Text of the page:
The expansion of any BACRIM is based on its ability to persuade oficinas de cobro across Colombia (and increasingly abroad) to become affiliated with the franchise and provide services to the network. This model was initially pioneered by the Rastrojos, who after 2006 engaged in rapid expansion across the country, making agreements with local oficinas de cobro previously part of the AUC. These oficinas de cobro usually remain intact after affiliation, simply branding themselves according to the BACRIM franchise they are working with. This has been seen with oficinas de cobro in places like Barrancabermeja, which have changed hats with remarkable speed, starting life as part of the AUC, then becoming Aguilas Negras, later Rastrojos and today branding themselves as Urabeños.
While the line from paramilitary to BACRIM is easy to trace, and in many places the BACRIM are simply known as the same old “paracos” (common slang for paramilitaries), the truth is that the BACRIM are very different from their AUC predecessors. The AUC’s control of a region involved a highly visible presence with patrols carried out by uniformed troops carrying high caliber weapons, employing roadblocks and bases. The AUC had a professed anti-subversive ideology, and an ambitious political project that saw up to a third of Colombia’s congress stacked with their allies. The BACRIM, on the other hand, lurk in the shadows, with civilian clothing and small arms. They are more reliant on intelligence networks than a visible military presence. Their commanders are faceless and hidden, with their names whispered throughout the communities they operate in. While they certainly backed candidates for the congressional elections in March 2014, they did this on an ad hoc basis, with different “nodes” seeking to get allies into power in their areas of influence. However, they did this more for the protection these politicians could provide to criminal operations than for any political program.
The BACRIM, unlike the AUC, do not have the military capability to take on the guerrillas, and they have no real desire to do so either. While the Urabeños still have some units of shock troops they can deploy, most of their members do not have the same military training that the paramilitaries once boasted. The military wing of the BACRIM is now the “sicarios,” and while they are able to carry out sophisticated assassinations, they are not capable of military style attacks in a rural setting against the guerrillas. There have been few cases of serious BACRIM/guerrilla clashes, and those registered have been motivated by competition over criminal resources, such as coca crops.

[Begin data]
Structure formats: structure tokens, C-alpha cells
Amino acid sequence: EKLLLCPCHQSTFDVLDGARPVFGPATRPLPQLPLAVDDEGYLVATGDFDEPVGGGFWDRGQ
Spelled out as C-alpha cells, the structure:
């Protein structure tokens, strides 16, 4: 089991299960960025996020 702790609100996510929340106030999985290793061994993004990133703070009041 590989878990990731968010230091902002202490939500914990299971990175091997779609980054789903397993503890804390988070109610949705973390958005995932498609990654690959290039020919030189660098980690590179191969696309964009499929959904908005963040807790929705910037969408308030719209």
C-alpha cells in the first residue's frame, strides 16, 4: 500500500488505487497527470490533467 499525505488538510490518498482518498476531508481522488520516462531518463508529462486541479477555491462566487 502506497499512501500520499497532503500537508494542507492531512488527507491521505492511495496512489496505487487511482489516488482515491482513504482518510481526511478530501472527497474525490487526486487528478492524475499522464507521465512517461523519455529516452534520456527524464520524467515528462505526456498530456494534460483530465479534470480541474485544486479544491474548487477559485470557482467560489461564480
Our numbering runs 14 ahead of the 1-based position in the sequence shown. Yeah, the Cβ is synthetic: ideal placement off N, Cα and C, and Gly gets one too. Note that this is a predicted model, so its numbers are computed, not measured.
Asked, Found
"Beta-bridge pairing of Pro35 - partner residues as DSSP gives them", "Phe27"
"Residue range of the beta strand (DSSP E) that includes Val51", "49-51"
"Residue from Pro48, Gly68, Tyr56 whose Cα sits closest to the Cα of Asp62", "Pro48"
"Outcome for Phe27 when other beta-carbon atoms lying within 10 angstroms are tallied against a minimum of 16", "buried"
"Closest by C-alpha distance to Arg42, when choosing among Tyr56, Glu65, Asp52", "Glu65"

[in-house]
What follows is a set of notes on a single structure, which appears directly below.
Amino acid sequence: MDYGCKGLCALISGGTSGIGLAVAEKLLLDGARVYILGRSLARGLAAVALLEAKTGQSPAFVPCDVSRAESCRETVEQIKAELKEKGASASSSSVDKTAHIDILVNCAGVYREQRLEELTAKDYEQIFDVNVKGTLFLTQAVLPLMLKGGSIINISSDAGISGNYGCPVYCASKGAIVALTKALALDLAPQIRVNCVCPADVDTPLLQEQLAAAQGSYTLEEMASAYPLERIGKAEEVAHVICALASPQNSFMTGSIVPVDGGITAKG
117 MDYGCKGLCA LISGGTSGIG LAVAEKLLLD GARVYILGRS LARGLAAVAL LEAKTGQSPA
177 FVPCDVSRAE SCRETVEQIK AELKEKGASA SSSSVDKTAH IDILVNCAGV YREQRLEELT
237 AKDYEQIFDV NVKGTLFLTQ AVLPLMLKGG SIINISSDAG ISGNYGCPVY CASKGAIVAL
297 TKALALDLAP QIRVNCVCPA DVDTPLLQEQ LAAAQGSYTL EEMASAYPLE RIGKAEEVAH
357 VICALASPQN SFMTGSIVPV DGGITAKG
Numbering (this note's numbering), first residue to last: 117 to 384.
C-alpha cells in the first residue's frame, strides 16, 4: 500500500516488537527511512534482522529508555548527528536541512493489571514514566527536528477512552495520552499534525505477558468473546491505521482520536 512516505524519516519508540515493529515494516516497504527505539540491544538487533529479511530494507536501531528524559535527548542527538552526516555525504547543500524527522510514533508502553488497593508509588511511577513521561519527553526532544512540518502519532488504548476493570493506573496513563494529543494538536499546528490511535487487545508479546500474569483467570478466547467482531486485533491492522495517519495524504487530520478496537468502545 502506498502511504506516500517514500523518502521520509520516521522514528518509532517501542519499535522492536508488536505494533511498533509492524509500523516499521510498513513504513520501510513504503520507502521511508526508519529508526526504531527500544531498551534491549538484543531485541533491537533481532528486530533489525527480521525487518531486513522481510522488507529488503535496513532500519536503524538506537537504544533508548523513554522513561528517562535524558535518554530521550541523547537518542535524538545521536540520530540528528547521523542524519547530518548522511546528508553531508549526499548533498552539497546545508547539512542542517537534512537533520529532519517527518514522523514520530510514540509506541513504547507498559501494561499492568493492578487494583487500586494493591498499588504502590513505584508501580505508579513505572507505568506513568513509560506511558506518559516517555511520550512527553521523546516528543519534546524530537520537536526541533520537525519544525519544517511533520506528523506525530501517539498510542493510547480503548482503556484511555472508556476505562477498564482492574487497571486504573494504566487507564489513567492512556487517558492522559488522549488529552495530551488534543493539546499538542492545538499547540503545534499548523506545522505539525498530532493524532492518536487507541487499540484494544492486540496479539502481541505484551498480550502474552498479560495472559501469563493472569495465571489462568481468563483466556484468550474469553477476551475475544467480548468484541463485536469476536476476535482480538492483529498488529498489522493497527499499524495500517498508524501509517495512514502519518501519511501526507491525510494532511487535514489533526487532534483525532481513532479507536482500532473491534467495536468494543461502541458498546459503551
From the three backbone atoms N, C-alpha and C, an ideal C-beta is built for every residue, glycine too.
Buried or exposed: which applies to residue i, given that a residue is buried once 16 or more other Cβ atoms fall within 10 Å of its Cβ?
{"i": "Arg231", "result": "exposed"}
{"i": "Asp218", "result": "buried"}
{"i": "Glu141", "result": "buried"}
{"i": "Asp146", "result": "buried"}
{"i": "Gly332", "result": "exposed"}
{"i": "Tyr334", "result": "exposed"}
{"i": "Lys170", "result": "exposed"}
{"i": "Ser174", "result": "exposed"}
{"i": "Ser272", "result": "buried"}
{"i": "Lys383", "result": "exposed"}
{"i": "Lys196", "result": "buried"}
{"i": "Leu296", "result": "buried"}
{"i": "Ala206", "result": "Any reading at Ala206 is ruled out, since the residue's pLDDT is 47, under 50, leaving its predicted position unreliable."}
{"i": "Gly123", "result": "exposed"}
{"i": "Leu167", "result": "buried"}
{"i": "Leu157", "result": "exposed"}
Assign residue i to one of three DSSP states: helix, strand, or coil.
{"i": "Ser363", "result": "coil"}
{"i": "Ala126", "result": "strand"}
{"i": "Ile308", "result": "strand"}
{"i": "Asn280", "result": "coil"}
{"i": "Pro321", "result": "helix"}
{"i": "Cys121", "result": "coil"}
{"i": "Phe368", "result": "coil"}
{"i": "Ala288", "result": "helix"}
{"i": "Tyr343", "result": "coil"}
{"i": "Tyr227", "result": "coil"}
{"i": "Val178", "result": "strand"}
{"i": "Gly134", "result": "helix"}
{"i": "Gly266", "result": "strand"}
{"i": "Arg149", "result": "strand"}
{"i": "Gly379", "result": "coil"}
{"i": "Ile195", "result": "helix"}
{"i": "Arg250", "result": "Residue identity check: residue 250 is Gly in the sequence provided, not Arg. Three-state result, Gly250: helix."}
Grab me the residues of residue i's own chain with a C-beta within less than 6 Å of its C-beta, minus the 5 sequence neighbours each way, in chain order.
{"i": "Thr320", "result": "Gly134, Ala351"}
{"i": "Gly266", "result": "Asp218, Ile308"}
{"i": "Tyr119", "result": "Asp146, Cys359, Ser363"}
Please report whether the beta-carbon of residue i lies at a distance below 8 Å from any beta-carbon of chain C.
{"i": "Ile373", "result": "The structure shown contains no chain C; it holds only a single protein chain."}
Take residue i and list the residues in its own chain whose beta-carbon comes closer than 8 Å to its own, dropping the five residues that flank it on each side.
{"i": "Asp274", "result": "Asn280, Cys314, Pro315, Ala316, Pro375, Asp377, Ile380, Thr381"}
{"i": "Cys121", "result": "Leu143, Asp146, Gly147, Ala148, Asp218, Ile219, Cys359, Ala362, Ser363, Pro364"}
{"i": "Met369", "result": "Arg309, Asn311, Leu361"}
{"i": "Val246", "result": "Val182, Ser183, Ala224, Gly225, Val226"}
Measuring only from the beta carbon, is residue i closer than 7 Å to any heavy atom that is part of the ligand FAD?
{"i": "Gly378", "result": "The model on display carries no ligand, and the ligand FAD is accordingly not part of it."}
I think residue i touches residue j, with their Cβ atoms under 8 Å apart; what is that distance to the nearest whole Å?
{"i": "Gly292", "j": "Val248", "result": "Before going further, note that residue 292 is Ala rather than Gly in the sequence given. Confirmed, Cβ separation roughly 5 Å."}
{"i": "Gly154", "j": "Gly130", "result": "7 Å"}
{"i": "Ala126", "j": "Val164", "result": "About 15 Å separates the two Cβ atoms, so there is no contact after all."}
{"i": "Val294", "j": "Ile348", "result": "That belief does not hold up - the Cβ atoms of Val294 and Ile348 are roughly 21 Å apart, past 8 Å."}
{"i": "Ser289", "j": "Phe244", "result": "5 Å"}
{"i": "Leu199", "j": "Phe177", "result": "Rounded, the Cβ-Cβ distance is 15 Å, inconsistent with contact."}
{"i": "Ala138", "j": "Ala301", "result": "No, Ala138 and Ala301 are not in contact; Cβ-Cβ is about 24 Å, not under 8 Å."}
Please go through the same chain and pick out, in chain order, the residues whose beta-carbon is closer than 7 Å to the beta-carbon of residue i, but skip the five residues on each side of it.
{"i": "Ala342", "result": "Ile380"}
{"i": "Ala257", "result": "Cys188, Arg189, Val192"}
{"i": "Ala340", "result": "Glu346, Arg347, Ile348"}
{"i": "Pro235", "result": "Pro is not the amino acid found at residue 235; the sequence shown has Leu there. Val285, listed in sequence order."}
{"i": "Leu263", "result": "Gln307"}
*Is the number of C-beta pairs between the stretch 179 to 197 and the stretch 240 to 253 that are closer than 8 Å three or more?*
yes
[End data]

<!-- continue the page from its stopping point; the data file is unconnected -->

The BACRIM’s social role and integration into communities has also changed substantially compared with the AUC. Members of the AUC were commonly integrated into the business and social elites of many regions, who often invited them in to combat kidnapping and extortion by guerrillas. A number of prominent AUC commanders began as businessmen or members of the social elite. The same is not true today.
There is a perception in certain regions that the BACRIM are a political force, since their violence often targets unionists, land restitution activists, and social movements that threaten business interests. The most likely reason for focusing their violence on these groups, however, is that the BACRIM operate as guns for hire. They are utilized by business and criminal interests to terrorize or eliminate opponents, but this does not mean these “political” actions are an inherent function of their existence.
Within the criminal network model, the BACRIM command often does not have total control over the self-financing regional nodes, and still less over the oficinas de cobro that are affiliated to the franchise and form the third tier of the structure. This means that the behavior of BACRIM units can vary drastically from region to region. In some areas, particularly the Urabeños heartland of Uraba and Cordoba, there is more continuity with the paramilitary era than in others.
 Semana, “Las bandas criminales son la principal amenaza para el país,” January 25, 2011. http://www.semana.com/nacion/articulo/las-bandas-criminales-principal-amenaza-para-pais-general-naranjo/234587-3
 One of the best studies on the nature of these criminal networks can be found in Phil William’s paper “Transnational Criminal Networks,” RAND (2001).
 InSight Crime interview with Colombian police intelligence sources
 Caracol, “Elegidos 69 candidatos cuestionados por presuntos nexos con ilegales,” March 10, 2014. http://www.caracol.com.co/noticias/actualidad/8203elegidos-69-candidatos-cuestionados-por-presuntos-nexos-con-ilegales/20140310/nota/2120176.aspx
 El Tiempo, “Bandas Criminales siembran minas en varias zonas del pais,” May 2013, http://www.eltiempo.com/justicia/campos-minados-por-bandas-criminales-en-el-el-nudo-de-paramillo_12825863-4
 See for example Rodrigo Tovar Pupo, alias “Jorge 40,” and Raul Emilio Hasbun, alias “Pedro Bonito”